• You will continue to place significant emphasis on generating SLA metrics that prove that the company, which hates you, actually loves you.
So here's the deal: You want to be a great leader. You have a philosophy that allows you to tap the hidden potential in your people and produce great results. You are constantly honing your ability to motivate, to avoid micro managing, and to protect your folks from the stuff that's rolling downhill. But you're still an IT Director.

So if you're an IT manager with aspirations here are some questions worth asking yourself:

Can Leadership Prevail In Your Environment?

I had one peer who, when everyone else was jumping ship after an acquisition by the Borg, insisted that he wanted to stay and fight the good fight. His a sharp guy with a lot to offer and a lot invested in that environment, but he's basically mud-wrestling with pigs. By pigs I mean people who exist for the purpose of promoting themselves at others' expense--"yes men" who would rather look good than be great. What they lack in competence they make up for in maneuverability. Remember Wormtongue?

How much time do you want to spend competing with him?

Solution: Take a serious look at your company. Does it reward the results that real leadership produces, or does it reward manipulators and yes men? If the latter, don't waste three more years of your career. Else, if there is a pocket of your company that is driven by (or even susceptible to) strategy and leadership, do some great work for that VP, learn his/her business, and work yourself into that department.

Is IT Really The Place To Be Anyway?

Maybe it's time to pull the plug. I have a close friend who was a senior director and is now looking for a CTO-ish role in a smaller company. That's pretty smart. Why stay in a reactive IT department if you can do something that actually helps drive the company?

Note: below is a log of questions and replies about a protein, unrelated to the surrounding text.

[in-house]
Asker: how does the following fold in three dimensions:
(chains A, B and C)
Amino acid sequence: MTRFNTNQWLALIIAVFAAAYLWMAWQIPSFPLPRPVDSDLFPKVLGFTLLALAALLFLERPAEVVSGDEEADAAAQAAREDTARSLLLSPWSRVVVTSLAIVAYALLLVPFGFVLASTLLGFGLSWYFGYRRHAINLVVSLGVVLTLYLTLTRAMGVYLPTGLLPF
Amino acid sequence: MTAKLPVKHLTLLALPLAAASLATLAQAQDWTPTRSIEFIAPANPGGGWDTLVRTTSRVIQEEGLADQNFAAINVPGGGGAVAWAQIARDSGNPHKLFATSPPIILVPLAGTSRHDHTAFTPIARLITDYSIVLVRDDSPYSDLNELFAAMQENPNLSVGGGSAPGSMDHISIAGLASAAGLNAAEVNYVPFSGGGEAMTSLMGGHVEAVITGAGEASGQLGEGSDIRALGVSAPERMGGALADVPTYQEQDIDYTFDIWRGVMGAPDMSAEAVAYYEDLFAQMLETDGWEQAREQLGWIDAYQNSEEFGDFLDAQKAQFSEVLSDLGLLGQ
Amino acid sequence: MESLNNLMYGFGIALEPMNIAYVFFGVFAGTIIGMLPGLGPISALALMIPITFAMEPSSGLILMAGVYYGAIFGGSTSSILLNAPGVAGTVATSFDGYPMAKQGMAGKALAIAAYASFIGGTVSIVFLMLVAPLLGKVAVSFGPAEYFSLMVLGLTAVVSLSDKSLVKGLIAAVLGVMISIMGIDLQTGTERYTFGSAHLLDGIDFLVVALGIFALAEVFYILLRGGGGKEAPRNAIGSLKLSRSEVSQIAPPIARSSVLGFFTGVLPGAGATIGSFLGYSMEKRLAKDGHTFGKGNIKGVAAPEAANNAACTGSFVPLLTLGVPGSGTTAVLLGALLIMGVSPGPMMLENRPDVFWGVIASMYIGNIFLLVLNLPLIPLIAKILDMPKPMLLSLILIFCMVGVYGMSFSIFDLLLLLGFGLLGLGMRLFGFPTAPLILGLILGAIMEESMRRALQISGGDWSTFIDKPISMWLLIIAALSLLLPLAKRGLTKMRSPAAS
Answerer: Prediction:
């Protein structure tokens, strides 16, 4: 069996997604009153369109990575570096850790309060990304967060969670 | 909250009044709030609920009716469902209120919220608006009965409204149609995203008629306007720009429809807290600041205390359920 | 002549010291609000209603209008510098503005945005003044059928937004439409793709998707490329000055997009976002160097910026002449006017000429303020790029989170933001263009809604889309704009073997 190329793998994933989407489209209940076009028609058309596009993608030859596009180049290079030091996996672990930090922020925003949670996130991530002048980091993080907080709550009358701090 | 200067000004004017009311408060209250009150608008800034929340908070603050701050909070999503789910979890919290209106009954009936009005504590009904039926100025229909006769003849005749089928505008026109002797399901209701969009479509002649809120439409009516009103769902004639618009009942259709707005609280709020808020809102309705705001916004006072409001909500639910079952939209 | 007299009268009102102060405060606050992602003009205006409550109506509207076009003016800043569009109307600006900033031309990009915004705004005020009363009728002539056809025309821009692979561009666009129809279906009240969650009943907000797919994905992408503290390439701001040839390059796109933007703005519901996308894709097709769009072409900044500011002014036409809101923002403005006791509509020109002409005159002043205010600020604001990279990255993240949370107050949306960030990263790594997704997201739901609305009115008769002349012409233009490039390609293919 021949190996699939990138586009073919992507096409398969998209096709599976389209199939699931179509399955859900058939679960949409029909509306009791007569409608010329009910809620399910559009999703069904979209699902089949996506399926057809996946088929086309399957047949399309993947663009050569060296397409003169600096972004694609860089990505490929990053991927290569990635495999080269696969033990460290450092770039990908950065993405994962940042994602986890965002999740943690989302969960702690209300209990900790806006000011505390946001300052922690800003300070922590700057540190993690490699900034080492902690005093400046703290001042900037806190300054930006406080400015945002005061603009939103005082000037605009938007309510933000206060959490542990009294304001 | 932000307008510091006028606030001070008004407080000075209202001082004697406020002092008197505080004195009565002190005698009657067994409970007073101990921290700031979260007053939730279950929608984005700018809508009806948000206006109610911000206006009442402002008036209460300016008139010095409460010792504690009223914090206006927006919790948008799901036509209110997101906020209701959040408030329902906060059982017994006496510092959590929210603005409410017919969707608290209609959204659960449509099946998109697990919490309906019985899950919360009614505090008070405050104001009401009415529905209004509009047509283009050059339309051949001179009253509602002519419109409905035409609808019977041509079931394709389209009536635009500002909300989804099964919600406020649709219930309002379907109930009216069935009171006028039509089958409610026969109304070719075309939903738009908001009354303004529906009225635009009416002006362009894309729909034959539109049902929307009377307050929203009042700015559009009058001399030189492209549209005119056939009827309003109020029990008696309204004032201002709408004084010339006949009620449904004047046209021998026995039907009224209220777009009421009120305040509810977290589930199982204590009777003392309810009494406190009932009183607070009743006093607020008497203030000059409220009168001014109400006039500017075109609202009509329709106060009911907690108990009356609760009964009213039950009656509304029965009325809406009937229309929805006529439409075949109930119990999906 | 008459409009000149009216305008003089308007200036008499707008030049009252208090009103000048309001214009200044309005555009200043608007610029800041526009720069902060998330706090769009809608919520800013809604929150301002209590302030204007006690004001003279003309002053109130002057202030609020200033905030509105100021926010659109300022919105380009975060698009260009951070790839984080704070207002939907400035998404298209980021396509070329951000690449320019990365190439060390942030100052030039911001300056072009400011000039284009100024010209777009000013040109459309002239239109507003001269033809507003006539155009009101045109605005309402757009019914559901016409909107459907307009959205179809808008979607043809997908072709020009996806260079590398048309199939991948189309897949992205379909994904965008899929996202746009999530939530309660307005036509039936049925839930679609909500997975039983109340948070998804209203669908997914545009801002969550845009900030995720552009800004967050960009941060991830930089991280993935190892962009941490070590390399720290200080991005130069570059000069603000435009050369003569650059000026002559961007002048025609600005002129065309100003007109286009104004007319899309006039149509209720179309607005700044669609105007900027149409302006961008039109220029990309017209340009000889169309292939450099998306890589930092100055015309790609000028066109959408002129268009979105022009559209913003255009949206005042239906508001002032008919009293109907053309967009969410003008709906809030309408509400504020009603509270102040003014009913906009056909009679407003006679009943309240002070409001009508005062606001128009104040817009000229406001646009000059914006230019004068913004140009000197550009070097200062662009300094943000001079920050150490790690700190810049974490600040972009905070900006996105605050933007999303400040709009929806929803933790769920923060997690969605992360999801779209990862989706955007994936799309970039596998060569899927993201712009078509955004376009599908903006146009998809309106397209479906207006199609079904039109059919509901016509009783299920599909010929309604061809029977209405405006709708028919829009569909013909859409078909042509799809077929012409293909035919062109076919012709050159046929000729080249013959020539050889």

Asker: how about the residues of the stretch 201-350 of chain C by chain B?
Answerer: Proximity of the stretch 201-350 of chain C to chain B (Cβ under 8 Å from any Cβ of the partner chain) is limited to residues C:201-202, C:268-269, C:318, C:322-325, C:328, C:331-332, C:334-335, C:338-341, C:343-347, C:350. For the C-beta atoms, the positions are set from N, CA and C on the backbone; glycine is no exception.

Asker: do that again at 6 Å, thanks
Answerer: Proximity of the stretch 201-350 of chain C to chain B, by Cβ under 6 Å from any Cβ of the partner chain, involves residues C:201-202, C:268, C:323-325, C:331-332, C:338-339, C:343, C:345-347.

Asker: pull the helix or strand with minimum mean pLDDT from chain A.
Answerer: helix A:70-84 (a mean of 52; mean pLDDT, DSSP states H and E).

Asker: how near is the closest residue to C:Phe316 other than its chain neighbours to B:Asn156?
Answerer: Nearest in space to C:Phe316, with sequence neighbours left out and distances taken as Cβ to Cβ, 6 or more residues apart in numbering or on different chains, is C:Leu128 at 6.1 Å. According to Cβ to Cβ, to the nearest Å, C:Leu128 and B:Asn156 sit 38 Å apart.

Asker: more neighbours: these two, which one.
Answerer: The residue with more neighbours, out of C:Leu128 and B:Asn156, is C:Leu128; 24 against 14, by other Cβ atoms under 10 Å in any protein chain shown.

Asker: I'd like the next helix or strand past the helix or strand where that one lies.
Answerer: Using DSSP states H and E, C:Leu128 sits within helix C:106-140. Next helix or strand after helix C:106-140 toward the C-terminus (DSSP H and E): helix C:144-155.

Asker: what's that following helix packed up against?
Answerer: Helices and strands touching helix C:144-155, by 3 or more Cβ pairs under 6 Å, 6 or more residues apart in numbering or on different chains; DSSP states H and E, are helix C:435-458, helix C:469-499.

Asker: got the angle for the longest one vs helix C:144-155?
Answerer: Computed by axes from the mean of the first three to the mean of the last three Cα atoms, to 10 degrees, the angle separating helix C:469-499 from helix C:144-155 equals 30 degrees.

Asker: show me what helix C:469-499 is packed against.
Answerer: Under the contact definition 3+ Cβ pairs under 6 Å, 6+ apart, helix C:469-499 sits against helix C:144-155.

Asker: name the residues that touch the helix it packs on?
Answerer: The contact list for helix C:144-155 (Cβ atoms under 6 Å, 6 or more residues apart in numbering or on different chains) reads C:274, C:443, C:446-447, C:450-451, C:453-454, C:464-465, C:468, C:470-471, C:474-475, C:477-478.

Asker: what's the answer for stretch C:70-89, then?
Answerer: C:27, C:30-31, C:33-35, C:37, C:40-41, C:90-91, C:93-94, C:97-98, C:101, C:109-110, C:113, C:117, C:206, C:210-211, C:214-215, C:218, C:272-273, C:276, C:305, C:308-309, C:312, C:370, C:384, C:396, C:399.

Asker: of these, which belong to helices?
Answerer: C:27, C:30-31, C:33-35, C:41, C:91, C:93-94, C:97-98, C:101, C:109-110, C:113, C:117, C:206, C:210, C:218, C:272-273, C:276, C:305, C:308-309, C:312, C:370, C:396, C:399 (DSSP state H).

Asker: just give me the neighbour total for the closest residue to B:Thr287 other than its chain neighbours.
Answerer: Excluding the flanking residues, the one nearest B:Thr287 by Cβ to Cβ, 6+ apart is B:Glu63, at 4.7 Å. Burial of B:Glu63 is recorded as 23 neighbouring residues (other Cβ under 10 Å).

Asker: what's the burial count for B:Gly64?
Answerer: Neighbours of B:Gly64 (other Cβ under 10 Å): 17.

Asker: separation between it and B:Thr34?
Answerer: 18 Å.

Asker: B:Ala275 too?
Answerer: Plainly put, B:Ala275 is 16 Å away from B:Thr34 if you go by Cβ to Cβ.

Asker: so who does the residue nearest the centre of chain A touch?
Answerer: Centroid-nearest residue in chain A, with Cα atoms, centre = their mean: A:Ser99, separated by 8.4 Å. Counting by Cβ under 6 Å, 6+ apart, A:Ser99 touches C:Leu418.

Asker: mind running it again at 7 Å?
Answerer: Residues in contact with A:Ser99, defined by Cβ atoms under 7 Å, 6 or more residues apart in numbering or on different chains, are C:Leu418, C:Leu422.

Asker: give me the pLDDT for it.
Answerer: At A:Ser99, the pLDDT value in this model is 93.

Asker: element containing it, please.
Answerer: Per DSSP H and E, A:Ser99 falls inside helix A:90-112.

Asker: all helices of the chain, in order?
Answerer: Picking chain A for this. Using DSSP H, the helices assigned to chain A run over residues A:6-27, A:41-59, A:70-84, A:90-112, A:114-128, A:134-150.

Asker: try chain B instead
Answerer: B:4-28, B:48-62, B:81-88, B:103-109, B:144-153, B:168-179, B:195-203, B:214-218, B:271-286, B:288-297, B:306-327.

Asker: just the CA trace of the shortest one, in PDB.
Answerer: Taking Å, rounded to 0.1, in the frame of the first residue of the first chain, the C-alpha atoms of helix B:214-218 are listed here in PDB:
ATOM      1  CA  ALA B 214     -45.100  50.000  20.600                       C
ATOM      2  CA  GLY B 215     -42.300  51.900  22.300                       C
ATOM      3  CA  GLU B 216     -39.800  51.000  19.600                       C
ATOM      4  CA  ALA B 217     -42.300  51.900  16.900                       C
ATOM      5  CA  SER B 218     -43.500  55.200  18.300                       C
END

Tough choice?

Solution: Network with people who got out of IT. Learn how they did it, what mistakes they made, what they learned, whether they have any regrets, etc.

What If I Want To Stay And Make It Work?

Now we're talking. You're not going to accept defeat. You've put your heart and soul into this and you're going to see it succeed, by gum!


1. Be a leader first and foremost. Each time insanity is imposed on you, look at it as a challenge. What outcome could an ideal leader create in that situation? What ability do you lack that is preventing you from creating that outcome?

2. Eliminate distractions for yourself and your team. In order to stand your ground, you need results. Make sure that your people are working on home runs, not foul balls. Don't let the panic of the day prevent you from delivering on things that will put you beyond reproach.

3. Build relationships with the BUs. Don't wait for them to go to their SVP and for their SVP and your SVP to dream up a DOA solution. Work with the BUs to define and prioritize what they need and then go champion it with your respective bosses.

4. Start doing your boss's job. Free him up to do his boss's job. This is critical. Whether you stay or go, whether you get promoted or not, you need that experience. Moreover, give as much of your job duties to your best subordinates as possible. This will free you up to do your boss's job and it will make all of you more easily promoted, whether with your current employer or a future job.

5. Communicate. Become a master of communication. Learn how to give excellent presentations. Perfect your email communication. Develop an understanding of which communication medium is best for which people and under which circumstances. Don't fail because people were confused, overwhelmed, or starved by your communication.

6. Start writing. Keep a journal or a blog of things that you've learned. Review them and reflect on them.

As for me, I'm still optimistic that the "most hated job" in America has the potential to be immensely rewarding as a personal growth opportunity, but some positions have more to offer than others.

The fact that IT Directors "hate" their jobs, combined with the prediction of 17 percent increase in IT Director positions by 2018, says that there will be a lot of turnover during the next few years. Voluntary turnover rates could reach 2008 levels or even higher. Learn all you can, document and review what you've learned, and know when it's time to leave.